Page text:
Are illegal abortions in Hong Kong related to ‘class problem’?

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Are illegal abortions in Hong Kong related to ‘class problem’?

High costs for private hospitals and stretched public health services blamed for women turning to black market or mainland to seek help over unwanted pregnancies

Saturday, 02 September, 2017

Increasing numbers of Hong Kong women are risking their lives by seeking illegal abortions at makeshift clinics in the city or on the mainland, an issue which a local lawmaker has condemned as a huge “class problem”.

Speaking to City Weekend after two women were jailed for carrying out illegal abortions in Hong Kong, Shiu Ka-chun, who represents the social welfare sector in the Legislative Council, said Hong Kong’s overburdened public hospitals meant not all pregnant women could get an abortion even if they were eligible. This forced them to resort to dangerous means out of desperation, he added.

Continued at source: South China Morning Post: http://www.scmp.com/news/hong-kong/health-environment/article/2109340/are-illegal-abortions-hong-kong-related-class

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Hong Kong: Jail for elderly abortion clinic operators

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Jail for elderly abortion clinic operators
Phoebe Ng
22 Aug 2017

Two elderly women were sentenced yesterday to jail terms of 10 and 17 months for operating an illegal abortion clinic.

Lo Wun-yi, 65, a Chinese medicine practitioner, and unemployed Li Shuk- fan, 75, were convicted of two counts of conspiracy to use an instrument with intent to procure a miscarriage.

Though sympathetic to their "traumatic and difficult" background, deputy High Court Judge Andrew Bruce, said the defendants' conduct amounted to "gross medical negligence."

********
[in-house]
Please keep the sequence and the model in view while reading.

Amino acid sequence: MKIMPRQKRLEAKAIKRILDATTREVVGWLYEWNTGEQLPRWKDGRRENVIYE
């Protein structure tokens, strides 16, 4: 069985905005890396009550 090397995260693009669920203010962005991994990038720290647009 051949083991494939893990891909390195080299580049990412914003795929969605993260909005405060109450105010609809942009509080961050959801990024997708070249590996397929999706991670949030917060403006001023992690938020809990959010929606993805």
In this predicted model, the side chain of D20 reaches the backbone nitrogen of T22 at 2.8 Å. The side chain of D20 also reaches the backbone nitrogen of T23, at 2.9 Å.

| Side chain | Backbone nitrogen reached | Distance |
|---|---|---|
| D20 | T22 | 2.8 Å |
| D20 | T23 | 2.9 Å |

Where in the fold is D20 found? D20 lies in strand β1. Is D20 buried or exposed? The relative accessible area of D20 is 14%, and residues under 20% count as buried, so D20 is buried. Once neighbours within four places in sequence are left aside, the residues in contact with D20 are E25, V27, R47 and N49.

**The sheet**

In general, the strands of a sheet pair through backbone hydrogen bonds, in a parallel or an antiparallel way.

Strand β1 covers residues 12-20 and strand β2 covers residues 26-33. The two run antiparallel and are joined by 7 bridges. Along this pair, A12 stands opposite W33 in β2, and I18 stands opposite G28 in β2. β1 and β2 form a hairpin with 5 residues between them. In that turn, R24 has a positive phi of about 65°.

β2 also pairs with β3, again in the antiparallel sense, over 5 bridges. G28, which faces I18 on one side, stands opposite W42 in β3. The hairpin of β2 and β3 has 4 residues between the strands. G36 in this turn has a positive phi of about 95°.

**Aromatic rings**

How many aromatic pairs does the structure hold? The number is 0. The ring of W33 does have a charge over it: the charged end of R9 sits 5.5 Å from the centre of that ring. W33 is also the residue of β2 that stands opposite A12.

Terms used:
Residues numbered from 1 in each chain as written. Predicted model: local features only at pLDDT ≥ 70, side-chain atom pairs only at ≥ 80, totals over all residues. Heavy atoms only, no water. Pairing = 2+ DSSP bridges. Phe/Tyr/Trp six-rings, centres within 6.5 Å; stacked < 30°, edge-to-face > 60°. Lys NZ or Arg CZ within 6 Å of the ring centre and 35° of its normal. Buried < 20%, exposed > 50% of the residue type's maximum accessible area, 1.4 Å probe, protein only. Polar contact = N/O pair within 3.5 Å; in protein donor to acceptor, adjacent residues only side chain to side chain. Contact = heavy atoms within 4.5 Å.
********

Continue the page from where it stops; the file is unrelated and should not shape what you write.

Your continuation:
Continued at source: The Standard: http://www.thestandard.com.hk/section-news.php?id=186535&sid=4

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In Hong Kong, Accessing Abortion Is Difficult, Expensive, and Dangerous

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by Justin Heifetz
Broadly
Nov 14 2016

Legal restrictions, overcrowded public hospitals, and steep private clinic prices often prevent young women in Hong Kong from terminating their pregnancies safely. For many, the only viable option is to cross the border into mainland China, where a host of other obstacles await them.

When Tina was 15 years old, she was on a break between classes at her high school in Hong Kong—just like any other day. As she sat with her friends at their desks, the skirt of her school uniform was suddenly drenched in blood. Her girlfriends pointed to the floor, where there was more blood under her seat. That morning, Tina had taken pills to terminate her second unwanted pregnancy—her boyfriend got them from an illegal clinic not far from her school. But no one told her what would happen next.

[continued at link]
Source: Broadly

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